Los Angeles vows to become the first fully-cybernetic American megalopolis.

Mind you, this vow is in code.  One does not simply openly state that the goal is to remove a human being from every single job that can instead be automated. Consumers can get very touchy about that sort of thing (particularly when they start wondering if their ultimate fate is going to involve anything more lofty than a protein rendering vat).  No, what one does instead is call your technocratic goal something else.  In this case, the euphemism is ‘minimum wage increase:’ “The nation’s second-largest city voted Tuesday to increase its minimum wage from $9 an hour to $15 an hour by 2020, in what is perhaps the most significant victory so far for labor groups and their allies who are engaged in a national push to raise the minimum wage.”

But that sentence should note terrify small businesses that currently operate in Los Angeles. No, this sentence from the same article should terrify them: “Even economists who support increasing the minimum wage say there is not enough historical data to predict the effect of a $15 minimum wage, an unprecedented increase.”  It’s terrifying because it’s such a stupid lie. After all, it’s not exactly a secret what happens:

When the government imposes a higher minimum wage, employers face higher labor costs and are forced to respond by decreasing other production expenses. Some employers make labor-saving capital investments that reduce reliance on employees, decrease pay raises to employees that earn more than the minimum wage, or replace the lowest-skilled individuals with more highly skilled employees. Other firms may make adjustments such as reducing employees’ hours, non-wage benefits or training.

Businesses cannot afford to pay employees more than those employees produce on the aggregate. Employees who are paid the minimum wage earn that wage rate because they lack the productivity to command higher pay. Advocates of increasing the minimum wage rely on the idea that businesses are able but unwilling to pay higher wages to their employees. The hope is that these businesses will simply take a hit in their profits while employment and prices are negligibly affected. Unfortunately, most minimum wage earners work for small businesses, rather than large corporations. According to an analysis by the Employment Policies Institute, roughly half of the minimum wage workforce is employed at businesses with fewer than 100 employees, and 40 percent work at businesses with fewer than 50 employees. Small businesses face a very competitive market and often push profits as low as they can go to stay open. Minimum wage earners employed by large corporations would also be affected, because these corporations are under tremendous pressure from shareholders to keep costs low.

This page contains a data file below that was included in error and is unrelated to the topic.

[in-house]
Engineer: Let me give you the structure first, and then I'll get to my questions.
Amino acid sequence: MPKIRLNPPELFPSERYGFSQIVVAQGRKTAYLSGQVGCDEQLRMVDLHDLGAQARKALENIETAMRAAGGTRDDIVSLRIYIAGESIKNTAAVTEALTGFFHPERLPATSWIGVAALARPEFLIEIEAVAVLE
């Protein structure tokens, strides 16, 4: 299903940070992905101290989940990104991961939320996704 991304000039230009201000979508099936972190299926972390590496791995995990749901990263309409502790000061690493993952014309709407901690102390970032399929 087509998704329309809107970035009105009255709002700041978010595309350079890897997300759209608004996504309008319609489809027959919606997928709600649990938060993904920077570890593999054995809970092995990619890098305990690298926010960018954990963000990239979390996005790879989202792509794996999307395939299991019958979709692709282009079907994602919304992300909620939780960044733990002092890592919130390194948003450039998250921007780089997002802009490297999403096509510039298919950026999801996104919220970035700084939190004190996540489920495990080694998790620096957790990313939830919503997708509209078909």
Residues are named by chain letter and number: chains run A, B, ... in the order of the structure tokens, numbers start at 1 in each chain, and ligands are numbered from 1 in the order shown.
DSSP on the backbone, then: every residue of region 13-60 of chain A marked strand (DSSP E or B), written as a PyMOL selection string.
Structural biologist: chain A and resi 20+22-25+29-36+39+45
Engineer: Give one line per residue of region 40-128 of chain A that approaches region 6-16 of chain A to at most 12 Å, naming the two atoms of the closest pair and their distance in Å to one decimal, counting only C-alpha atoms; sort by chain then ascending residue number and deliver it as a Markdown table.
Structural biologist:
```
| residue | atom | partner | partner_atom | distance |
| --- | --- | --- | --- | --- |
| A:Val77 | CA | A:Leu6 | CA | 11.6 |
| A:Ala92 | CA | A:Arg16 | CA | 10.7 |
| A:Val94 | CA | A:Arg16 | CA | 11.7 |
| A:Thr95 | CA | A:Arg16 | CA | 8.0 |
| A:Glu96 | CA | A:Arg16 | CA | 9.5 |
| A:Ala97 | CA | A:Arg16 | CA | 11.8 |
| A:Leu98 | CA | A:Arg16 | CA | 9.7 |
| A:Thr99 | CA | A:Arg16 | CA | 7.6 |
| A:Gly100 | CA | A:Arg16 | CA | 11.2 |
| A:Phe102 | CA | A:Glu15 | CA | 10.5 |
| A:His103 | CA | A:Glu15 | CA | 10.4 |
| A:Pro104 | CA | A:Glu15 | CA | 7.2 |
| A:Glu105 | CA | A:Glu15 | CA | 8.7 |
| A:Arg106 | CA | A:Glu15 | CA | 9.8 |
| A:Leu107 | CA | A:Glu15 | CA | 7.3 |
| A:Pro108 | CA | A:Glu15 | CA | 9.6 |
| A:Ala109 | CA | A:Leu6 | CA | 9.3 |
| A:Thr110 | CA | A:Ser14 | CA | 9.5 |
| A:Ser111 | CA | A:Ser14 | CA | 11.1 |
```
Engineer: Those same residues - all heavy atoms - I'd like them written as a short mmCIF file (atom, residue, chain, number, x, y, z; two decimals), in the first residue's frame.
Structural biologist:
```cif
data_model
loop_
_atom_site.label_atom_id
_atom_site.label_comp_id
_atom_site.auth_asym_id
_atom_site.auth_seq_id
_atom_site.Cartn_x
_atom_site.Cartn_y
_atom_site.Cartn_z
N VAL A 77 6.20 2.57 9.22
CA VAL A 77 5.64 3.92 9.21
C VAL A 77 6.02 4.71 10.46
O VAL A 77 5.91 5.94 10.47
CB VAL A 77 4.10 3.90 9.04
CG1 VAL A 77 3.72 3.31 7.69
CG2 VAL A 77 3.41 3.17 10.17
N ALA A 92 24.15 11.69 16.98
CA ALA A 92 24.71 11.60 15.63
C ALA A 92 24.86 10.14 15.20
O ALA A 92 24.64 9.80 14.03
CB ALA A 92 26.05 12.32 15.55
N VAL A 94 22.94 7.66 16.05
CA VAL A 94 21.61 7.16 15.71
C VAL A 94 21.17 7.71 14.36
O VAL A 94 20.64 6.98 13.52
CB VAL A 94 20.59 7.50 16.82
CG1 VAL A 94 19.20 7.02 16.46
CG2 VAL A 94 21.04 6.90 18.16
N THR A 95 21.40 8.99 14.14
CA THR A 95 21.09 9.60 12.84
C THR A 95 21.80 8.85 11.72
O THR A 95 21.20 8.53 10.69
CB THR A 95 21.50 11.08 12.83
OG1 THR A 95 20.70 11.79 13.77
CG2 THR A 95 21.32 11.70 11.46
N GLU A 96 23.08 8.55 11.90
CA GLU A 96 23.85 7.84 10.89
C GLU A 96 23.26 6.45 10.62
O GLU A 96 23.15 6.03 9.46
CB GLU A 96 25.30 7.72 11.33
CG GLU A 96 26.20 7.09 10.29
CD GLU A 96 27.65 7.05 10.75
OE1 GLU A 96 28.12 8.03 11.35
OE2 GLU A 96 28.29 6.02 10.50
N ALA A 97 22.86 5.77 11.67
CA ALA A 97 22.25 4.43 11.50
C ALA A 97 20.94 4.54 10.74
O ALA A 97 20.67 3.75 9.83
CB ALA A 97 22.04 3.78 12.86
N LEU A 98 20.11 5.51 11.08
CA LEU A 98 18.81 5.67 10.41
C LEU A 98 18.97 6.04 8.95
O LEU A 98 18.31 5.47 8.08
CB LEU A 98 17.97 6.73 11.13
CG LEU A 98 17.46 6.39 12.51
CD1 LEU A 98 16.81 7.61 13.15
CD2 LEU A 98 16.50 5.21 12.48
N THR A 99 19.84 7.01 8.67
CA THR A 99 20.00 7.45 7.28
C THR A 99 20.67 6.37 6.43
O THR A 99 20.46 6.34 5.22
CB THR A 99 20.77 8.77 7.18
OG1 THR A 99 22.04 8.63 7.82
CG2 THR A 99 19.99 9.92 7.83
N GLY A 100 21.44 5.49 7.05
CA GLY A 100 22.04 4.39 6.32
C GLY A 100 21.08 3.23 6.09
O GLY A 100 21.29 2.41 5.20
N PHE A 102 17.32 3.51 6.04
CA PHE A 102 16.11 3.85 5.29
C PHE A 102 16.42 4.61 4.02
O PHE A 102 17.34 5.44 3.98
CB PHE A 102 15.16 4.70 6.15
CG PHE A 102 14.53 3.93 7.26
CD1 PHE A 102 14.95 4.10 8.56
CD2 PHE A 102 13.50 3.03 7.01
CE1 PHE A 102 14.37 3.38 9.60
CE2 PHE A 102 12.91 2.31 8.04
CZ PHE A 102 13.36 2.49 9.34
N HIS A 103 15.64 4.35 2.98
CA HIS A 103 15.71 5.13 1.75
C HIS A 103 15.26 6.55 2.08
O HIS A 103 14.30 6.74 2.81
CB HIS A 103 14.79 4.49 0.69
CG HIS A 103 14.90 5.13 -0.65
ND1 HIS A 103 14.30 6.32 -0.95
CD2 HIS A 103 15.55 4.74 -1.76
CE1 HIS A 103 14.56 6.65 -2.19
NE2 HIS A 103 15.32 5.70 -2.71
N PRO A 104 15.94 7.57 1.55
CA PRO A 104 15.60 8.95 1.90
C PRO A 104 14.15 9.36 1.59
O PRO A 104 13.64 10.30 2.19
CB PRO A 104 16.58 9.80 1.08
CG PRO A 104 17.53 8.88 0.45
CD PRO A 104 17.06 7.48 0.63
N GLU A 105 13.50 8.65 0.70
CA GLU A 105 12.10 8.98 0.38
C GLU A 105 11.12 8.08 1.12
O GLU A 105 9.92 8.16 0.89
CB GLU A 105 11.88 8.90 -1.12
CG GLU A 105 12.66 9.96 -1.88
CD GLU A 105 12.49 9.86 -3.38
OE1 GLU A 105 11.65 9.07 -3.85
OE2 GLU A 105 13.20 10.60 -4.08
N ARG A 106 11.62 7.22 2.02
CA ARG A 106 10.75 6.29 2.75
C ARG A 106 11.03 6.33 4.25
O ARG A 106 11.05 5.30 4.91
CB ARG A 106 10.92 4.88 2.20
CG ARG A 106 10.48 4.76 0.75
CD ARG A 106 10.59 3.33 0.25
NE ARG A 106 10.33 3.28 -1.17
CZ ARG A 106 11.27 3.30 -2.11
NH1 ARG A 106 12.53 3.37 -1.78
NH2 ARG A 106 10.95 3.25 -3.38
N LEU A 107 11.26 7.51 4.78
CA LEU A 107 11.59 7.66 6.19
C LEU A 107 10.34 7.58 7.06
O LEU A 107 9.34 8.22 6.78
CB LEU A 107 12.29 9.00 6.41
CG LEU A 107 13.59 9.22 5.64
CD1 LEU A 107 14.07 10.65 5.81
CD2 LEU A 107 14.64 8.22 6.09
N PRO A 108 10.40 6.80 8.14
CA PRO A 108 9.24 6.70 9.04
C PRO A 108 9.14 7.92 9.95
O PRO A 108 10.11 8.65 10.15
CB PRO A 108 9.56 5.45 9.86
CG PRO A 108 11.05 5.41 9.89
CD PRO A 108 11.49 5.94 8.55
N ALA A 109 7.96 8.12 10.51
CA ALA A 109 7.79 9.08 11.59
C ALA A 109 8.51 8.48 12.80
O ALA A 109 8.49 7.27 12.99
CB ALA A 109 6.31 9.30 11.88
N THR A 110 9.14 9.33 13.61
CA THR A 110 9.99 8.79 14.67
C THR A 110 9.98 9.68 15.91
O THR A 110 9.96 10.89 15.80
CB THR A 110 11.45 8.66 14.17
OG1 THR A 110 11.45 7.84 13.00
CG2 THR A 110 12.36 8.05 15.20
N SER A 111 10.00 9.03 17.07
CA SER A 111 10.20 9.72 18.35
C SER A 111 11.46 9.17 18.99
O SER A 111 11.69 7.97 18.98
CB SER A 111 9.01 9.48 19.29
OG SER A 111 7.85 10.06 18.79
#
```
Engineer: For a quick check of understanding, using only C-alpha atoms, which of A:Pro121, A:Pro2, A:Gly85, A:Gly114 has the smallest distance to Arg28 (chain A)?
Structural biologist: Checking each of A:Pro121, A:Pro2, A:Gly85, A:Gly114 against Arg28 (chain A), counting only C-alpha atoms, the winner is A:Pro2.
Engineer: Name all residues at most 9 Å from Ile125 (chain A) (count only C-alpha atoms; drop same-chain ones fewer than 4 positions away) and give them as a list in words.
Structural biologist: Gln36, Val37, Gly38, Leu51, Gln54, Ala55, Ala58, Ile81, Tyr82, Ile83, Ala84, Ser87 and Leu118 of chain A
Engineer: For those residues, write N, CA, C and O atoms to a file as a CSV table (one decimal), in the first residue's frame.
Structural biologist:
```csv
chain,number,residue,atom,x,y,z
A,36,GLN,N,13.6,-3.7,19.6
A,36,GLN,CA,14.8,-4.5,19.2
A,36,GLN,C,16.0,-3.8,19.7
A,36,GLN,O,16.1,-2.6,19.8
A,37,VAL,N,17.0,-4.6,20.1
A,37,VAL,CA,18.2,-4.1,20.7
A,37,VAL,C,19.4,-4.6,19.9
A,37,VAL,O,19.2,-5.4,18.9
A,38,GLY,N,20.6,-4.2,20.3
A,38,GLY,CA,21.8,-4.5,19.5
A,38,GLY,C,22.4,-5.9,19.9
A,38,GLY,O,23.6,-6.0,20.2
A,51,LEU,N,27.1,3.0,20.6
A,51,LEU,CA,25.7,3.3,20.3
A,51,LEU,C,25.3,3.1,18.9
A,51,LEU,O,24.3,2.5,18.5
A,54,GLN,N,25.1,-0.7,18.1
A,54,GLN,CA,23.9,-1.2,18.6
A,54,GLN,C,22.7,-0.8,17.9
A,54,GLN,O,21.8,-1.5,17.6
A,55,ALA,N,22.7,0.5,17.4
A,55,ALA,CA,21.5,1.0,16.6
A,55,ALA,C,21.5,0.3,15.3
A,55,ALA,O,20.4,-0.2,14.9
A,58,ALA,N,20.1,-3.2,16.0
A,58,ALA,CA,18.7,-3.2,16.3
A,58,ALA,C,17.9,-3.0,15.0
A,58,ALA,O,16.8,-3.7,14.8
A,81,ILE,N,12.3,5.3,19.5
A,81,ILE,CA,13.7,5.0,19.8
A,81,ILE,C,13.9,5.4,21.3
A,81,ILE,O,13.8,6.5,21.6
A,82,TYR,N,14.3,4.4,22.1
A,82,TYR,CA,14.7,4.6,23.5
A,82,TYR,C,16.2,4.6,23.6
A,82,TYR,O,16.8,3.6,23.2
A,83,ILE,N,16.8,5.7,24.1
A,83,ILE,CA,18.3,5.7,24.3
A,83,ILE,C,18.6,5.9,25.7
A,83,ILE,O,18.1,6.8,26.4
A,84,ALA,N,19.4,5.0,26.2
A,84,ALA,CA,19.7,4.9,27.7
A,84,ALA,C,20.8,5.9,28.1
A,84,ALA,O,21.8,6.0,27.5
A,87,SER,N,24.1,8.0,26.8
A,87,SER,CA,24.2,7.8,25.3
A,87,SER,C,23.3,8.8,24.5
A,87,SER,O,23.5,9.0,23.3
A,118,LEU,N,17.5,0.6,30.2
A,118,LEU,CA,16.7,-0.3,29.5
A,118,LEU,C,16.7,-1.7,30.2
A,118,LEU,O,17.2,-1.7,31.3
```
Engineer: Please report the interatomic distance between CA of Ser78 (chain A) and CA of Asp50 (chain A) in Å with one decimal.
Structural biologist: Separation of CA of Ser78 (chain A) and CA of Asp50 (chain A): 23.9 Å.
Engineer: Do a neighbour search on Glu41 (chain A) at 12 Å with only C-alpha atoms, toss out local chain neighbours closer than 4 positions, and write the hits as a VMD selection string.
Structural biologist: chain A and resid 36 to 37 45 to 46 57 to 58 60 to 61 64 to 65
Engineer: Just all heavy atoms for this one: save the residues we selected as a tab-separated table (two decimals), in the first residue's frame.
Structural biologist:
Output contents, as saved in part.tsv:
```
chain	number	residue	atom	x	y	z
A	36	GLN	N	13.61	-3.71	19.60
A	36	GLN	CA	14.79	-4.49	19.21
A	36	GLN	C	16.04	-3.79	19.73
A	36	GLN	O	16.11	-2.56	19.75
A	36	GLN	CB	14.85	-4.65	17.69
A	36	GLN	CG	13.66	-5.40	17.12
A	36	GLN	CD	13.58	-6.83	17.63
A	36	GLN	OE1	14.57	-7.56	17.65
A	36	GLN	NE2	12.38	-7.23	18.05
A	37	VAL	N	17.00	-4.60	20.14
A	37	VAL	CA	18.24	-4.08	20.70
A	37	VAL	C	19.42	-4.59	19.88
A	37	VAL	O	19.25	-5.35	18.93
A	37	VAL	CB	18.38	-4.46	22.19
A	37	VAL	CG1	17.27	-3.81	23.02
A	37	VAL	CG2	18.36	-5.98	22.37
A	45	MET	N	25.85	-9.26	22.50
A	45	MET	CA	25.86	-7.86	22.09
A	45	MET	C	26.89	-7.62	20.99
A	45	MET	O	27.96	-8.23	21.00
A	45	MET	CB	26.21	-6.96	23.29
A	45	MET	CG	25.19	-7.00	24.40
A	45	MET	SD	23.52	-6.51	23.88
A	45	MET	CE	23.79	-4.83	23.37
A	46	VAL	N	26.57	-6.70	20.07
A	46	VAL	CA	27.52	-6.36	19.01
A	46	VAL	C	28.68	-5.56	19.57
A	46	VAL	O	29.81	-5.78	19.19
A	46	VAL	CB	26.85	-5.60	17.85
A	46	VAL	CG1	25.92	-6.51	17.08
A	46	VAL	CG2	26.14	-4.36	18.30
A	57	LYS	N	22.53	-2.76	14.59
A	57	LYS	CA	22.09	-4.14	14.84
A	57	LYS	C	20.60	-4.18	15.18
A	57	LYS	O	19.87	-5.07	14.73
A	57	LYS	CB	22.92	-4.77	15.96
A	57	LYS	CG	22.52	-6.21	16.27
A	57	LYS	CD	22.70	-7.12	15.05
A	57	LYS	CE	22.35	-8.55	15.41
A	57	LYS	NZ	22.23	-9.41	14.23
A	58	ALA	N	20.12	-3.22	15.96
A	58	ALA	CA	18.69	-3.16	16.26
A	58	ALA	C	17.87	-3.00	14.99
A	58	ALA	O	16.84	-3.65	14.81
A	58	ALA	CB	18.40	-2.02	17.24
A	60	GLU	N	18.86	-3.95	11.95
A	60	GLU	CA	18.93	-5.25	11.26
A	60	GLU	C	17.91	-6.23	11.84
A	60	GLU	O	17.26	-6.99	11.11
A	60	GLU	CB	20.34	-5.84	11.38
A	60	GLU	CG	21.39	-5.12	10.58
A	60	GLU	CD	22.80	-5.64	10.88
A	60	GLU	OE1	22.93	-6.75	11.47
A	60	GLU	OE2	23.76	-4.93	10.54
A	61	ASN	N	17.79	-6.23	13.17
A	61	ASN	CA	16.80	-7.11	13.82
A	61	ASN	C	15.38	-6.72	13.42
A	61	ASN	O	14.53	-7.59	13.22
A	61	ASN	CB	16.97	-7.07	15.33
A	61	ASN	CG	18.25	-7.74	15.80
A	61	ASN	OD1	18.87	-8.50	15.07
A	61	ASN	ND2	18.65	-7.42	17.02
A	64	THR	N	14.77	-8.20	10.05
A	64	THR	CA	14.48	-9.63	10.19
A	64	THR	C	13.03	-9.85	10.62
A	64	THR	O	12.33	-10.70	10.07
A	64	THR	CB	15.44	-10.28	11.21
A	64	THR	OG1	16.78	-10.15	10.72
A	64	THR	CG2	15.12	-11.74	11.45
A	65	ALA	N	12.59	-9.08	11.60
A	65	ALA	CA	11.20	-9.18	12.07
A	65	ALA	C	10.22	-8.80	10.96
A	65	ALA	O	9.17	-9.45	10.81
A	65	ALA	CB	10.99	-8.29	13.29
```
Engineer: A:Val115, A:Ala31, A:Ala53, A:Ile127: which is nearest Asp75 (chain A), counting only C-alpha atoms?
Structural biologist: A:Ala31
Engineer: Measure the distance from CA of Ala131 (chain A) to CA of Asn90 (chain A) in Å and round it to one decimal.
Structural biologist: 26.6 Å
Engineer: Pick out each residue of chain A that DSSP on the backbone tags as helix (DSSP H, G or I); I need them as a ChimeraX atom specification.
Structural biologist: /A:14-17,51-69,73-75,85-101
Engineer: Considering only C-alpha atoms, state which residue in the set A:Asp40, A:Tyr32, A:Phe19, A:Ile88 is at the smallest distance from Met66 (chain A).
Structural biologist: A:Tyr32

…Note that my use of an American Legislative Exchange Council (ALEC) publication is deliberate: I find that it helps the discussion if the people who fall down and froth at the mouth at the sight of the acronym ‘ALEC’ identify themselves right from the start. Anyway, as ALEC noted above the problem here is that minimum wage hikers operate under a peculiar, and frankly unappealing, combination of conspiratorial and magical thinking. Those people really and truly believe that the only reason why the market doesn’t support higher wages for certain jobs is because there’s some sort of nebulous conspiracy keeping those wages down, while simultaneously believing that if they merely raise the minimum wage employers will be able to magically and uncomplainingly take the hit.  And they can’t – they almost terrifyingly can’t – comprehend that those two beliefs can in any way be contradictory.

Ach, well, at least they’re not blaming it all on the Jews. …Yet. Because that’s the standard go-to excuse that conspiracy-minded people use to explain why a pie-in-the-sky plan isn’t working properly.

(Image derived via Shutterstock)

Moe Lane (crosspost)